Now, in the aftermath of a pulsating 2-1 Italy victory, the flaws in the German master plan are plain. Germany had won 15 competitive matches in a row before this match. That didn't include friendlies, only matches that meant something, such as those they had to play to qualify for this tournament along with the first four they won this month. During that run, there was some experimentation with personnel and formations, but they settled on a 4-5-1 shape early on. The 4-5-1 only uses one actual forward, but wing players on both sides operate in forward positions as well, supplying crosses to the striker in the center. If an opponent tries to stifle the wings, the center area becomes more vulnerable. If the defense clogs the middle and forces the ball out wide, the wingers can approach the goal from the sides. The 4-5-1 works best in counter-attacks, making the system essentially defensive in nature.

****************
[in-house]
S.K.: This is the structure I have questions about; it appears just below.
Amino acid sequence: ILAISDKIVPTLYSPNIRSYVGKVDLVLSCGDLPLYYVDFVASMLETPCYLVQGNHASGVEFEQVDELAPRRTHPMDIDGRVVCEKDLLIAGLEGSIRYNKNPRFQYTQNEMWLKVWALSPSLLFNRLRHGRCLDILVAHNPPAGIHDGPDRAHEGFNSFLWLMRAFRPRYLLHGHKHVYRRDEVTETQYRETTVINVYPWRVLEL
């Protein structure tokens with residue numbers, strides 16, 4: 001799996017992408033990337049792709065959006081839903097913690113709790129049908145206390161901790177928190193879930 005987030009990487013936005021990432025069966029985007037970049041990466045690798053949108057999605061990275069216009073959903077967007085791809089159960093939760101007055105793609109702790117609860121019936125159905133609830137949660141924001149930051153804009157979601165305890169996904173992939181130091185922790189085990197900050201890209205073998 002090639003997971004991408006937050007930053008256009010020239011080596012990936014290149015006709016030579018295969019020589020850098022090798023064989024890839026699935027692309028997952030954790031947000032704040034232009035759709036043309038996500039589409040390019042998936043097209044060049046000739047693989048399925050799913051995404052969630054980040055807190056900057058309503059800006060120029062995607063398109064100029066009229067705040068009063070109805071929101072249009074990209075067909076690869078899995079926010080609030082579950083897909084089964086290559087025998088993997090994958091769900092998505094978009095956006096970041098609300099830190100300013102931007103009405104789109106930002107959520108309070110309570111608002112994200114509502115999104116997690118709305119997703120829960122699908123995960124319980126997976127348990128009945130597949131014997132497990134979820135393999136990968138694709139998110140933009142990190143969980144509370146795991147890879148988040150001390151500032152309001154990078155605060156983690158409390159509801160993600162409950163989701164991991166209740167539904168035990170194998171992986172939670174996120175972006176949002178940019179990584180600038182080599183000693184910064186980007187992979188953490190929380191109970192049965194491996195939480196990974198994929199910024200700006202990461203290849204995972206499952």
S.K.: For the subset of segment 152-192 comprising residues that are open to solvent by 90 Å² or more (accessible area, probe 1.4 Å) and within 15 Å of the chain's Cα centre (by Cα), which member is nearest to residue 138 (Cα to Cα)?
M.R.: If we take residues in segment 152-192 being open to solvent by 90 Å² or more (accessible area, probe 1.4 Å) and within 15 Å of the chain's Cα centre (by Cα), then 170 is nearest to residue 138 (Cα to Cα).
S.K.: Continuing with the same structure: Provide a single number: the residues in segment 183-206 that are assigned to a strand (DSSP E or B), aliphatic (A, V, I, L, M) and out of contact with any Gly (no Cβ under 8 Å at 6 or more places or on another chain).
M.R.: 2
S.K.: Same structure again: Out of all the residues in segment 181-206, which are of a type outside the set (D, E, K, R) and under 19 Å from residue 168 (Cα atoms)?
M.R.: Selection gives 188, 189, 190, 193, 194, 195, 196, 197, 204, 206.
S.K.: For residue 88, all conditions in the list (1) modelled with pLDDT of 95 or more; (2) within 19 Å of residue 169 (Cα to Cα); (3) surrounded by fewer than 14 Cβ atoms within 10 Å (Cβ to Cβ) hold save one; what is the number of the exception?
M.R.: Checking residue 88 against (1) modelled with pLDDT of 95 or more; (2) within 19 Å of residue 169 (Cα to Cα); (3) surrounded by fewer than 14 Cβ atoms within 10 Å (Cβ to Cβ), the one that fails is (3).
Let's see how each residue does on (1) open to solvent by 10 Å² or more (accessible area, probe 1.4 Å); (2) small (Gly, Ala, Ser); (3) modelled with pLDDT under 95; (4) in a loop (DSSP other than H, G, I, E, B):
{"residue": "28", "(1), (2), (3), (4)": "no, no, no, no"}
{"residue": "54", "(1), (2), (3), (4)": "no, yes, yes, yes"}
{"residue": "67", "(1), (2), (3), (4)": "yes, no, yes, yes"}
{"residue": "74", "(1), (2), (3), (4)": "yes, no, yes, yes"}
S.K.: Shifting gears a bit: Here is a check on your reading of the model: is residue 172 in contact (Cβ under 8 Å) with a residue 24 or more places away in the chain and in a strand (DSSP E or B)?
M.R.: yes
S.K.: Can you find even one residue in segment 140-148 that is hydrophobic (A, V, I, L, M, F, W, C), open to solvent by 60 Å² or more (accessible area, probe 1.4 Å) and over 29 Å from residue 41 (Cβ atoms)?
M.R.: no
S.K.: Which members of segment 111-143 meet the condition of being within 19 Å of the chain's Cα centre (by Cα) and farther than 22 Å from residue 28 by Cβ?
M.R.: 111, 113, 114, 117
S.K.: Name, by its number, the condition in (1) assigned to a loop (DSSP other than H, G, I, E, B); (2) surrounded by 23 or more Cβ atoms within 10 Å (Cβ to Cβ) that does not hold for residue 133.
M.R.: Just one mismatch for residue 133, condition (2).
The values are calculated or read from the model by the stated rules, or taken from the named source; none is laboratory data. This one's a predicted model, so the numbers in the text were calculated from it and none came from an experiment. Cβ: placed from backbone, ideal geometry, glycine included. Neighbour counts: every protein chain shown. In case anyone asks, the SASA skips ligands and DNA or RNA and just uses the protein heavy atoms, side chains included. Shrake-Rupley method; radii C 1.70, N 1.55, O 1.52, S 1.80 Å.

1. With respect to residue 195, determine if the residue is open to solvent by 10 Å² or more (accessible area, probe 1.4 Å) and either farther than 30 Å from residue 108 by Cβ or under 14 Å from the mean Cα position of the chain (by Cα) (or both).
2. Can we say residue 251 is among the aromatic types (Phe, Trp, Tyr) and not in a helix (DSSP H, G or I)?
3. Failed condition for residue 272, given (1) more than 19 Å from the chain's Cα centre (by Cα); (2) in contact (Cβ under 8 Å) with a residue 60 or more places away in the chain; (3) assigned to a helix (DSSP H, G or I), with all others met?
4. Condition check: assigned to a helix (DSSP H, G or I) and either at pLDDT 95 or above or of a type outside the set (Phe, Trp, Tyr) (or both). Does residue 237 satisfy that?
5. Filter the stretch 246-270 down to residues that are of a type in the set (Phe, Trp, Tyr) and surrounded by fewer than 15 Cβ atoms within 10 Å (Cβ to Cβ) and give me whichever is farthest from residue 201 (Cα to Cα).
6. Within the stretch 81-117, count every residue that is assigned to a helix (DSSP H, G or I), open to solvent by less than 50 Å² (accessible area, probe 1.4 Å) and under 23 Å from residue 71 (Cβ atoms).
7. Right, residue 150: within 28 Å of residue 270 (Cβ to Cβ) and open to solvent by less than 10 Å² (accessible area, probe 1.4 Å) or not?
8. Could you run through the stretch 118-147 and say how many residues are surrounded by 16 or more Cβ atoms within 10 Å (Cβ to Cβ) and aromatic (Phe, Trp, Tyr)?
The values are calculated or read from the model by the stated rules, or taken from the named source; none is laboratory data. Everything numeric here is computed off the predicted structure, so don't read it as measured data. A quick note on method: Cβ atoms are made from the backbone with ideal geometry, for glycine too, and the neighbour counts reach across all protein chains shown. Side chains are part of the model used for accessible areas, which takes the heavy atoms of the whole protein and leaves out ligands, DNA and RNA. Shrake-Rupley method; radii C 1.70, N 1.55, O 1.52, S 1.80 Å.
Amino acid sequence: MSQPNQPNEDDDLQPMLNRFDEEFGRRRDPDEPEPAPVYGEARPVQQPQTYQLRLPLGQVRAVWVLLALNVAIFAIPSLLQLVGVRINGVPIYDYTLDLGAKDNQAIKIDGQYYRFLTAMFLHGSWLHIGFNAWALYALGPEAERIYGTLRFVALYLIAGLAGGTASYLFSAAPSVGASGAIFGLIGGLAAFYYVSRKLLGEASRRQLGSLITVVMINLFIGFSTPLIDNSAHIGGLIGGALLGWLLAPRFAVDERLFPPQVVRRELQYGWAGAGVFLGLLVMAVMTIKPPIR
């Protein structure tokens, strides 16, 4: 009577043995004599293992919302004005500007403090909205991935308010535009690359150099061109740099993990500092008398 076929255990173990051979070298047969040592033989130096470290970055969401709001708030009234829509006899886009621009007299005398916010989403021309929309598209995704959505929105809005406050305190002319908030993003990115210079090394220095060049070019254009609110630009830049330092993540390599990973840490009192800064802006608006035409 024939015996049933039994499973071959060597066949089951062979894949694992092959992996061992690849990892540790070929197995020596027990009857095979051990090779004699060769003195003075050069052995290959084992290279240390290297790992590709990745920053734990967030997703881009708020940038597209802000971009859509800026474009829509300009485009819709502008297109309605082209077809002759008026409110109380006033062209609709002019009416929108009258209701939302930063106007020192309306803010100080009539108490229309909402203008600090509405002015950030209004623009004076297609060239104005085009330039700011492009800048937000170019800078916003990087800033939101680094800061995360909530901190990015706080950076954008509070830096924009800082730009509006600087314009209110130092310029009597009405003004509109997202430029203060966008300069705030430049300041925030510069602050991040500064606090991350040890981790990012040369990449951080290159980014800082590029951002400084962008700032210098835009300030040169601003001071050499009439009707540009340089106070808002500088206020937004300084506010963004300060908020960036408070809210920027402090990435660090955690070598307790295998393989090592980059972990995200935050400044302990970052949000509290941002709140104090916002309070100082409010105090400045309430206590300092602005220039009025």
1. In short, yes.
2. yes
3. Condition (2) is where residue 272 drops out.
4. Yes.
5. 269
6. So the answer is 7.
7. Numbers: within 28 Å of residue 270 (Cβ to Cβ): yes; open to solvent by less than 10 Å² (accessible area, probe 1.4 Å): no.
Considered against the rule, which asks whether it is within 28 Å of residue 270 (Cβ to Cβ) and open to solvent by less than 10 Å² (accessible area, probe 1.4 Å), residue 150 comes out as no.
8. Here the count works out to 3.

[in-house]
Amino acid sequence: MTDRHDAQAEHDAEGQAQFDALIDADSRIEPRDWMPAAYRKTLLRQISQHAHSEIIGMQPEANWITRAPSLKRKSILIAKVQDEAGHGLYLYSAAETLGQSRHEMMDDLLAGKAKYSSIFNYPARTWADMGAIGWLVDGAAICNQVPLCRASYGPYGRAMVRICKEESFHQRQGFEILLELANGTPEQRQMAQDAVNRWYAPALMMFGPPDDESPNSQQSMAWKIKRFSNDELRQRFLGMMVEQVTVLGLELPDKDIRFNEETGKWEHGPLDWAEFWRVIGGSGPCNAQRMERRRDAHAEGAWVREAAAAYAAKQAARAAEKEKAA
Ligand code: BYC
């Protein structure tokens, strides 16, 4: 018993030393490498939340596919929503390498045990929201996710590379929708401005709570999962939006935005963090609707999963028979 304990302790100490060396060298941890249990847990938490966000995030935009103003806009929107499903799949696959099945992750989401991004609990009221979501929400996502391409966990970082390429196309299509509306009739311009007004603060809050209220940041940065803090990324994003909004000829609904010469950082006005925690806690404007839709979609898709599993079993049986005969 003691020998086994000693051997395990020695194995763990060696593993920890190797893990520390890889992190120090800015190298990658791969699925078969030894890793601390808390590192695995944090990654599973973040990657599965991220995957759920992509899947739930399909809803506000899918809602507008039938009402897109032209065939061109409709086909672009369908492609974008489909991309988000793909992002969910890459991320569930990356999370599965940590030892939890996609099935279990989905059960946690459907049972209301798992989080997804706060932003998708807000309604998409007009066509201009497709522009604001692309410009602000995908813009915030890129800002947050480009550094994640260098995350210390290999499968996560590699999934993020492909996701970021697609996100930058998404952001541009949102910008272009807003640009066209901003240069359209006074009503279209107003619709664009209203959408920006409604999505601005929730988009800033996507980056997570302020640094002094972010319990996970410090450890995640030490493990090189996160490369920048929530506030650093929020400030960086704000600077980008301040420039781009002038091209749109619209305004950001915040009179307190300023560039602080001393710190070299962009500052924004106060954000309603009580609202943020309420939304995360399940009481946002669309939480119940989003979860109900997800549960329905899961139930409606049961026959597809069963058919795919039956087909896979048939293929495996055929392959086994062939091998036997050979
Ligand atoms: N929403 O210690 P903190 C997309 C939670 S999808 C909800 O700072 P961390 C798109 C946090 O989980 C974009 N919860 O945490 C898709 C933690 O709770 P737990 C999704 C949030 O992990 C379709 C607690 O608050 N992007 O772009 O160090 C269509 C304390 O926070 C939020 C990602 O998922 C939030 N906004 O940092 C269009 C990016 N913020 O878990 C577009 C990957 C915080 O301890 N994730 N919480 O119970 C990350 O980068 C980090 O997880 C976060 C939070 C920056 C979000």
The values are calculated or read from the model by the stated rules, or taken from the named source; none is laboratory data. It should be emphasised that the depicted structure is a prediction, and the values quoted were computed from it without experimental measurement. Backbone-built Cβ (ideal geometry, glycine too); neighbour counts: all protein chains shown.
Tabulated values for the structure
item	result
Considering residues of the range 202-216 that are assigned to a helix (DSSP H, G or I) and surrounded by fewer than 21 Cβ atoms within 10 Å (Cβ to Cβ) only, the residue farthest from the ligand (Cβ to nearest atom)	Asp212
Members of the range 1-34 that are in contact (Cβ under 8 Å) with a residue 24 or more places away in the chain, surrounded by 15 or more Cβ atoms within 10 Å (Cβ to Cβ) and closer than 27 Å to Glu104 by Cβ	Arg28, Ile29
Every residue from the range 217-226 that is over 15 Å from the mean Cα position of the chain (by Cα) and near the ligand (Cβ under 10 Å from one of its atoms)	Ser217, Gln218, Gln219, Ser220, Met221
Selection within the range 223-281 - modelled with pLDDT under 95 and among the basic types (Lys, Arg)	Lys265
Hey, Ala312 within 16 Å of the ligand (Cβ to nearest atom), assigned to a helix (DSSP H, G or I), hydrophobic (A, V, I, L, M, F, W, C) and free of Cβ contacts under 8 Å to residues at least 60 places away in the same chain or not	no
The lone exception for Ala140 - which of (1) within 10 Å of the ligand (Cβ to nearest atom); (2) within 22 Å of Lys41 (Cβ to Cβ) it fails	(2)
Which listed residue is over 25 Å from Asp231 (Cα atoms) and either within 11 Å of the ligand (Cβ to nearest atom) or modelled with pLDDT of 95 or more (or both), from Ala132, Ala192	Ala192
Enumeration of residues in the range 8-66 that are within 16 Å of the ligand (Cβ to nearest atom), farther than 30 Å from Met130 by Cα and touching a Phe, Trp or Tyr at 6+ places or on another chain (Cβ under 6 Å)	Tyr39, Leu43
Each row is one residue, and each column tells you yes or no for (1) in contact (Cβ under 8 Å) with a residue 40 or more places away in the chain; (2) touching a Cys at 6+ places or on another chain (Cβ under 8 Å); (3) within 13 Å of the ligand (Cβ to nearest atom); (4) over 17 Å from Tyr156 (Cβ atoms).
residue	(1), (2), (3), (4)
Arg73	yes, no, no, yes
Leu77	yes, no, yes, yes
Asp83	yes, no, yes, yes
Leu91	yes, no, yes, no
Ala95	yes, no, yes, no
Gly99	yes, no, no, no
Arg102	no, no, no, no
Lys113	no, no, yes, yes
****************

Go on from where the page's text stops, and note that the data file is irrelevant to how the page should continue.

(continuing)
The vulnerability of the 4-5-1 lies in the midfield. In a more conventional (and offensively-oriented) 4-4-2 formation, an opponent's midfield four will actually outnumber the 4-5-1's midfield three – remember, two of the five are on the wings. If they get drawn into the middle to help win possession of the ball against a quality opponent, then wing play is diminished. That's what happened against Italy. The Italians were the best opponent the Germans had faced in a long time — perhaps since the World Cup loss to Spain in 2010. Their midfield dominance over the Germans, who had become accustomed to bossing possession over the weaker teams they had vanquished, wrecked the German gameplan. Starved of possession for long periods, the Germans relied too much upon their midfield maestro Mesut Ozil, who was pursued relentlessly by Italian midfielders and defenders.
But the 4-5-1 formation is not the only culprit for the fall of Germany at this tournament.